I just finished reading Frugal Isn’t Cheap: Spend Less, Save More, and Live BETTER by Clare Levison. Levison is an accomplished CPA out of Virginia with several accolades such as TV appearances and interviews, magazine articles, and talks.
In this first book, Levison attempts to present the major aspects of financial education in a sensical and “fun” way, but this strategy falls short for various reasons.
First, Levison struggles to find her target audience, weaving in and out of technical topics with more or less details that will both confound the average individual and bore the more financially savvy readers.
Each chapter is presented in a laissez-faire manner in which Levison lays out a “real world” experience in her life that allegedly contributed to her learning some financial lesson, but one which will leave the reader wondering if the three or four pages dedicated to these tales were really relevant to the material presented to begin with. The stories seemed forced at times and eventually reaching for a resemblance to the topic at hand, making for a less-than-practical read. This, in turn, prevents this book from being a valuable resource guide that a person seeking financial education would be able to refer to at each stage of gaining control of their finances. But in its attempt to do just that, it fails to portray the “hoorah” motivational speech that it is left with.
Nothing written in this book, however, lacks common sense when it comes to the author’s ultimate goal. Levison definitely knows her stuff and there are no gimmicks here. Topics covered range from controlling your spending and getting out of debt to a crash course in real estate and stock market investments. She also does a great job including valuable tips on sharing your financial strategies with your kids and making your education a part of theirs.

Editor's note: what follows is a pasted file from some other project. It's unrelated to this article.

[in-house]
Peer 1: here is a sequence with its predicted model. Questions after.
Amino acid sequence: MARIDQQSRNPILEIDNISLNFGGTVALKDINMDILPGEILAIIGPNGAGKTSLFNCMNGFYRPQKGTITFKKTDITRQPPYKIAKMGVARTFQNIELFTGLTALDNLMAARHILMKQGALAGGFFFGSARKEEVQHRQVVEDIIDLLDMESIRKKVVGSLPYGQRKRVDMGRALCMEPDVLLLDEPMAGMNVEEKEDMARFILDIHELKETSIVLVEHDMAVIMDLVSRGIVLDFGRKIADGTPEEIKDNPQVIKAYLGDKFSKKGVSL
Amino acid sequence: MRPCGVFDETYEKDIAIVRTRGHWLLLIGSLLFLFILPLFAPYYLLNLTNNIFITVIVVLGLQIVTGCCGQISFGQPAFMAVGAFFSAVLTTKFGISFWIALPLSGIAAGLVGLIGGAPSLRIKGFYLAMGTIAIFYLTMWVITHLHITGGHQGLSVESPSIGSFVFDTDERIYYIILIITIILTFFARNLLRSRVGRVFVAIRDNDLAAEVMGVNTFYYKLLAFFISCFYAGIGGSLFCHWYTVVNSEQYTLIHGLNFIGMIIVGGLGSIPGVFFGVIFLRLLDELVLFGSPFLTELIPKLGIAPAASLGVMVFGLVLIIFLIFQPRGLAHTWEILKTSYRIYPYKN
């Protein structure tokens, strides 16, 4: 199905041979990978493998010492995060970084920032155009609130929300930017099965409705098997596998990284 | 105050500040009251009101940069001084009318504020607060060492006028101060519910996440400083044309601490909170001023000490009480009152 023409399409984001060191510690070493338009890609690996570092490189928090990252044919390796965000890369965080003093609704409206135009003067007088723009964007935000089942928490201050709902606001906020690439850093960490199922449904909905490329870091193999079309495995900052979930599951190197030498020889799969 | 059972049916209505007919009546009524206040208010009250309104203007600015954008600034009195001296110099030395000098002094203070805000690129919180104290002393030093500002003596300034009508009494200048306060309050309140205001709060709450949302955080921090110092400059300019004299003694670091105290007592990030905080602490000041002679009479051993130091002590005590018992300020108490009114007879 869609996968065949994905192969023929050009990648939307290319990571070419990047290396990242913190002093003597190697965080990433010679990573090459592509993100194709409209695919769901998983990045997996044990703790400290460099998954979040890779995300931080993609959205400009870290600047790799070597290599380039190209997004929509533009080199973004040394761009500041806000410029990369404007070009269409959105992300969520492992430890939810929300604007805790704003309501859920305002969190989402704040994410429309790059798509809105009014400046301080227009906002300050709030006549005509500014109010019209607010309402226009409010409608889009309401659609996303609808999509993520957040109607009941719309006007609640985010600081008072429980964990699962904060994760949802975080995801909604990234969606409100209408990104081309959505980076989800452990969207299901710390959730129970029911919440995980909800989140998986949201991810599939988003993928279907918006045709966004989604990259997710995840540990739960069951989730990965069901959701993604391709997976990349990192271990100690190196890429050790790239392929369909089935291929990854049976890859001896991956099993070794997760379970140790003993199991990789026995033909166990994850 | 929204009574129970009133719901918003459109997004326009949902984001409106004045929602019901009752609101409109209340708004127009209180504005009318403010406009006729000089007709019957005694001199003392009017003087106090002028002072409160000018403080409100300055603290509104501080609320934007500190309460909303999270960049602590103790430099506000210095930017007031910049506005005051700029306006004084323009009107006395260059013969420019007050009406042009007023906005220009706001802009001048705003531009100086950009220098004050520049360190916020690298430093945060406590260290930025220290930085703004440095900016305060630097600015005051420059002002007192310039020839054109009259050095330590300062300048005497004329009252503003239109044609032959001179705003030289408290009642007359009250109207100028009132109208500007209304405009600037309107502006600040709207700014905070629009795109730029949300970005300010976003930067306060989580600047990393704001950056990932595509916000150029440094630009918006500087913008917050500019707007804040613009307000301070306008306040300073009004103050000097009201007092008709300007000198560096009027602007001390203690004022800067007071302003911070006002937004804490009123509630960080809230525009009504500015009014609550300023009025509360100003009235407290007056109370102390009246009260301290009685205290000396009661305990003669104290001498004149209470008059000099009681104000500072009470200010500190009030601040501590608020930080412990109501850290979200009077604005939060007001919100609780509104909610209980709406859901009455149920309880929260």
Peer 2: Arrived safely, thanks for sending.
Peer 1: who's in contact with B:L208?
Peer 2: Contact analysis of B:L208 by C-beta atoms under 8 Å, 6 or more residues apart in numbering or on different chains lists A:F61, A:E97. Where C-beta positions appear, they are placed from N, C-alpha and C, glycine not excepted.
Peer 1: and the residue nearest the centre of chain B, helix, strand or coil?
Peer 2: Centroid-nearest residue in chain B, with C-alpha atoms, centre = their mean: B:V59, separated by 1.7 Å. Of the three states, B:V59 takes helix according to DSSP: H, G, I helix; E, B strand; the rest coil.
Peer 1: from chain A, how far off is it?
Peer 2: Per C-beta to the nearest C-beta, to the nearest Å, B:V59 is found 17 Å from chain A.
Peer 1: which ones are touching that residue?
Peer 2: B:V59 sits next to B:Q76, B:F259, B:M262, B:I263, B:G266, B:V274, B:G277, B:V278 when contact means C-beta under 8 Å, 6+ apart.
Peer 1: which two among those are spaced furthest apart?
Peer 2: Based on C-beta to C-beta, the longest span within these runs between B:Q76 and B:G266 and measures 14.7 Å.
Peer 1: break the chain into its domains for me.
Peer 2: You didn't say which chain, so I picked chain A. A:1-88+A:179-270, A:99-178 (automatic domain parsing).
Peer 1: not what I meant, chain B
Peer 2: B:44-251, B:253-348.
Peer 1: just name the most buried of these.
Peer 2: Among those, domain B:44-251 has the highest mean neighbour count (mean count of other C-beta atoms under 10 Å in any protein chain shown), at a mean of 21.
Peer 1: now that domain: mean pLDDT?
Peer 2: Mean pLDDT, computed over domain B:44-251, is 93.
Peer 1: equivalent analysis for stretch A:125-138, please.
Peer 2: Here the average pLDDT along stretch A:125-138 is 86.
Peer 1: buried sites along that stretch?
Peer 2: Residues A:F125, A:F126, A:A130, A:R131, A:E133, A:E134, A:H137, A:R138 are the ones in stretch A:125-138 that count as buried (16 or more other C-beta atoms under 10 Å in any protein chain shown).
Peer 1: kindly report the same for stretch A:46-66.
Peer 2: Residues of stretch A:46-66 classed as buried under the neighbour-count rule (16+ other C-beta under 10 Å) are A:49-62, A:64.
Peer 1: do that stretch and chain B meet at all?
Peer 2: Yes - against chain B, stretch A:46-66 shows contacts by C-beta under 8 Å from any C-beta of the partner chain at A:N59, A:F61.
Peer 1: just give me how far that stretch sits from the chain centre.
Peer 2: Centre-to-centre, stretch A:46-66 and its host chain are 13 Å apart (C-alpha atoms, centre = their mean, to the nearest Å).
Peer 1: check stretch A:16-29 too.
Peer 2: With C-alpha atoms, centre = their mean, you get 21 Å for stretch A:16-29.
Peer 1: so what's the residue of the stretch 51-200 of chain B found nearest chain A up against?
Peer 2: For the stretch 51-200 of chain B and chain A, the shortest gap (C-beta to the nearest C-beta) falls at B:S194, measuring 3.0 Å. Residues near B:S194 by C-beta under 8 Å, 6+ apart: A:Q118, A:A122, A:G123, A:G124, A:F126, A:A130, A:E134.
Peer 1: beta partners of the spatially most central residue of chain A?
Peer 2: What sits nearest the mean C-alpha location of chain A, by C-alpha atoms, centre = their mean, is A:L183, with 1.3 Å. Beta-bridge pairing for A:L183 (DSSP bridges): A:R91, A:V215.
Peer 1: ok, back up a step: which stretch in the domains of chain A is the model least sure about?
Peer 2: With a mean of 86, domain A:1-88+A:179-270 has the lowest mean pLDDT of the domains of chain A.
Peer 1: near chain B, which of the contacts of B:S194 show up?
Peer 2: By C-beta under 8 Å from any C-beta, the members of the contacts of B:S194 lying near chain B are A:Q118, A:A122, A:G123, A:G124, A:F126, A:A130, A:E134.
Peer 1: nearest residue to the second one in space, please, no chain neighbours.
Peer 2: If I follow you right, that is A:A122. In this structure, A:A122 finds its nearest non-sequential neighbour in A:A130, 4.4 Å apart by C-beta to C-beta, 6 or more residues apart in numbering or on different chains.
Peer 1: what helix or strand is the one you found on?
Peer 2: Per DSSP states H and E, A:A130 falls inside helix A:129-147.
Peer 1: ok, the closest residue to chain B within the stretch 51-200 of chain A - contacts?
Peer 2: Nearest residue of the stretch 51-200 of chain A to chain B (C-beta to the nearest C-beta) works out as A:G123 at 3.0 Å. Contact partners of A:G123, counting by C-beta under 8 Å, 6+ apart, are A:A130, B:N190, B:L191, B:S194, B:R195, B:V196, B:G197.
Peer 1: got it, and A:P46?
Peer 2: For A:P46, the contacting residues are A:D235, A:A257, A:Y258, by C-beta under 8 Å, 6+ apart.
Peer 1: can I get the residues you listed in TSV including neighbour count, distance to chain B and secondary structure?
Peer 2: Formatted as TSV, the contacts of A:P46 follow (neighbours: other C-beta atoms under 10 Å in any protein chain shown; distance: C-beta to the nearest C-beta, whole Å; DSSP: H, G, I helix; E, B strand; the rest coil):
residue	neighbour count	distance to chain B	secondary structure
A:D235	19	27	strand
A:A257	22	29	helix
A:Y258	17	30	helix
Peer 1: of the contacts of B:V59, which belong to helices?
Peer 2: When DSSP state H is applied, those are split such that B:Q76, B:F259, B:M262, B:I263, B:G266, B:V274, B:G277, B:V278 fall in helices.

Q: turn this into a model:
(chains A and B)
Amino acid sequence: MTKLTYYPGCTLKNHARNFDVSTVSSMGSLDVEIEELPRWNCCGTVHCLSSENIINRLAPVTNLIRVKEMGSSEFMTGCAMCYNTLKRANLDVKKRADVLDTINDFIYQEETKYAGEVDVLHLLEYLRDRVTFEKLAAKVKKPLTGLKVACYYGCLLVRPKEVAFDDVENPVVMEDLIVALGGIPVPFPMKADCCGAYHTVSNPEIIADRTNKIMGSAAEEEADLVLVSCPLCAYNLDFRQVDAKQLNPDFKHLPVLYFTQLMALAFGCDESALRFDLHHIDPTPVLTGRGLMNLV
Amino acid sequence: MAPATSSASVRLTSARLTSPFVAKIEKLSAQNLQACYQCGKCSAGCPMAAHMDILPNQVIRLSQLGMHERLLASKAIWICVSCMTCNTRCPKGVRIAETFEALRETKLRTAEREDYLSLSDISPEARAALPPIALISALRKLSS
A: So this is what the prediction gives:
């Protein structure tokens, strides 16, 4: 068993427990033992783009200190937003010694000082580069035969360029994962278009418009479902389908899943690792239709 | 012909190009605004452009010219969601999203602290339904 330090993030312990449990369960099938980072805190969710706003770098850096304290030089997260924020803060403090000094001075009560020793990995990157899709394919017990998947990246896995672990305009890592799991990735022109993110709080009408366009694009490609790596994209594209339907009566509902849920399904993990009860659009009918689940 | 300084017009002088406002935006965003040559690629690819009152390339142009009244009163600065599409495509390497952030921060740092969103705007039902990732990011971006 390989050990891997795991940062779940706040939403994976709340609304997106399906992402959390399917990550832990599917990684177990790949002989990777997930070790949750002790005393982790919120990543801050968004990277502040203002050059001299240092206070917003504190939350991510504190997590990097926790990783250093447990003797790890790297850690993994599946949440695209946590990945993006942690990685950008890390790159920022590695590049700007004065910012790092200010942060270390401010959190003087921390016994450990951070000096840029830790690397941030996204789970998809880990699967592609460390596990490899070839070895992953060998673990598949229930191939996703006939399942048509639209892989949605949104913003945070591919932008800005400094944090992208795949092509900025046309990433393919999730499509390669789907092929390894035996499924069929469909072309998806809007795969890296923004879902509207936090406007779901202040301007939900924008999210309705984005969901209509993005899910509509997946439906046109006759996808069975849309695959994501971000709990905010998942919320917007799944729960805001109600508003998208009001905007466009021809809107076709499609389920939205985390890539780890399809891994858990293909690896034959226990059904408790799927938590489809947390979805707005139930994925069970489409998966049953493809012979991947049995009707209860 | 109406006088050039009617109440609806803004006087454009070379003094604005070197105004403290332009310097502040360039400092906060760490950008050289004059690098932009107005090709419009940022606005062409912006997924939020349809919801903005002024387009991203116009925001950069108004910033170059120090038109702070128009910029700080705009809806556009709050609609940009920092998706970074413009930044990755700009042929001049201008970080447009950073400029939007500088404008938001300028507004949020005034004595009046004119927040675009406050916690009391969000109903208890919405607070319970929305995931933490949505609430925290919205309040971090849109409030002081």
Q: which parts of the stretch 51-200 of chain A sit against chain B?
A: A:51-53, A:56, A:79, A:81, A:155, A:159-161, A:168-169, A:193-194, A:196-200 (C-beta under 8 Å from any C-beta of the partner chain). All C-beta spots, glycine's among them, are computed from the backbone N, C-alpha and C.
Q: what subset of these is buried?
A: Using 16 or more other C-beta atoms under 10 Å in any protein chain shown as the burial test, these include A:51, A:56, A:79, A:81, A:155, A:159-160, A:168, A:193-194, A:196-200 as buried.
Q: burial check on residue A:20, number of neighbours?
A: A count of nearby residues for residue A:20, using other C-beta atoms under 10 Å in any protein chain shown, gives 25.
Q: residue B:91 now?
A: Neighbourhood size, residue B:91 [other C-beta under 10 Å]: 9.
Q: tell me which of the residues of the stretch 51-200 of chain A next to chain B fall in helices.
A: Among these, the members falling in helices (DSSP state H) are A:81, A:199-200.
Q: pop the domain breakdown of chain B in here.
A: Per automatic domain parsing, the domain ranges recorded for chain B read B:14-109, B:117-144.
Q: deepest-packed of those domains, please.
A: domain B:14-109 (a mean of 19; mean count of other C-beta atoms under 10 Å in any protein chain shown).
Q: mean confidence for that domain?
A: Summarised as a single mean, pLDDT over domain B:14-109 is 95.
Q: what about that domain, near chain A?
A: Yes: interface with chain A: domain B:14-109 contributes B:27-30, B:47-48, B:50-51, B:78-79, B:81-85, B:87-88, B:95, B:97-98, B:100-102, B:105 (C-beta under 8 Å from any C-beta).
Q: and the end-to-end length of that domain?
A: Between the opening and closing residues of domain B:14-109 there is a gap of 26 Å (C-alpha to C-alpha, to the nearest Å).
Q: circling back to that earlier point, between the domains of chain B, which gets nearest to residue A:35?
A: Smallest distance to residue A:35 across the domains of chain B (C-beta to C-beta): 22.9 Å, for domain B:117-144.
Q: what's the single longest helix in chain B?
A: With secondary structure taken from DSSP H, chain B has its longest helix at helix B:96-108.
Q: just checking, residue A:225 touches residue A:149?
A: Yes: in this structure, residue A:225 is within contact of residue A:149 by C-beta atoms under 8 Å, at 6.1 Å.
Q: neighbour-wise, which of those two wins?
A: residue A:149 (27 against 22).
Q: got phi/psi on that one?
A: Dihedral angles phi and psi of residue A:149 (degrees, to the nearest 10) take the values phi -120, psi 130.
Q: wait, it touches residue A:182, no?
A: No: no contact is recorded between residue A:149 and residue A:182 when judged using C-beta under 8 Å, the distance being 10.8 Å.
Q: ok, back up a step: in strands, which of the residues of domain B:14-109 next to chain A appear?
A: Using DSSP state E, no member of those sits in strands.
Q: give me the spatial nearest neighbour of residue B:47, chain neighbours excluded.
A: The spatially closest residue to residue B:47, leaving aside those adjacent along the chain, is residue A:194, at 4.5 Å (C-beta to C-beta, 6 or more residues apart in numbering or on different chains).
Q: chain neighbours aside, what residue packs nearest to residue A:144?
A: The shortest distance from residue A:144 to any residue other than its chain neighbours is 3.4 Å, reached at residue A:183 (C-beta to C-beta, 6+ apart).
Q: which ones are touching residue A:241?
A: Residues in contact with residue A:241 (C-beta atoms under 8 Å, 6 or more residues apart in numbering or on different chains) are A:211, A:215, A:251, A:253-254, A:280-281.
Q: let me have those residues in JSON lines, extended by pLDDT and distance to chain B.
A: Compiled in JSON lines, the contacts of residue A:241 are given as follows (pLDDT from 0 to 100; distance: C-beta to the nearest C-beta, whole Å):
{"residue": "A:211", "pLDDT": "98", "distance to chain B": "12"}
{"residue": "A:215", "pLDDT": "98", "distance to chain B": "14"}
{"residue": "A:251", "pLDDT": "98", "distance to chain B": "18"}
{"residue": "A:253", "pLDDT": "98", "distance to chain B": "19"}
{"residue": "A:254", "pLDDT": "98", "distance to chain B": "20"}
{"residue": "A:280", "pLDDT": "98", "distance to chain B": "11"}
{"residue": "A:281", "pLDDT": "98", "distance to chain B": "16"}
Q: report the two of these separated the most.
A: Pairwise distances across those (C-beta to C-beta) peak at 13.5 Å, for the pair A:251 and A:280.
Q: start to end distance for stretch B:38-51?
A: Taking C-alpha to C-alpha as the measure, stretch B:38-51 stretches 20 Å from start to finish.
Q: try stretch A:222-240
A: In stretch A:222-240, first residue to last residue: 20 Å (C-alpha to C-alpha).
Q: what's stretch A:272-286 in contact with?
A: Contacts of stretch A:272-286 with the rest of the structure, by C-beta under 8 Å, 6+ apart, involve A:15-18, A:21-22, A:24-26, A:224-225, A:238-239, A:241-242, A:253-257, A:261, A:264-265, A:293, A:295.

Levison expands on this and gives some substantial advice on how to think about selecting a college, how to support your kids’ education, and the ever-so-misunderstood student loan. She sees education for exactly what it is; a financial investment with a calculable return and measurable levels of risk. In addition to this, the author ventures in cautioning the young entrepreneur who has visions of financial independence and a cushy CEO office by painting a realistic vision of what it really means to start your own business and make it into a successful one (a chapter oddly introduced by a tale of chickens flying the coup).
My overall reception of this book is a positive one and I would recommend it to someone who enjoys reading novels first. The long narratives in each chapter will prevent anyone who’s ready to make some changes in their lives from picking it up again, but there is enough here to spark initiative and proper, honest content to guide the reader in the right path of getting a hold of their finances.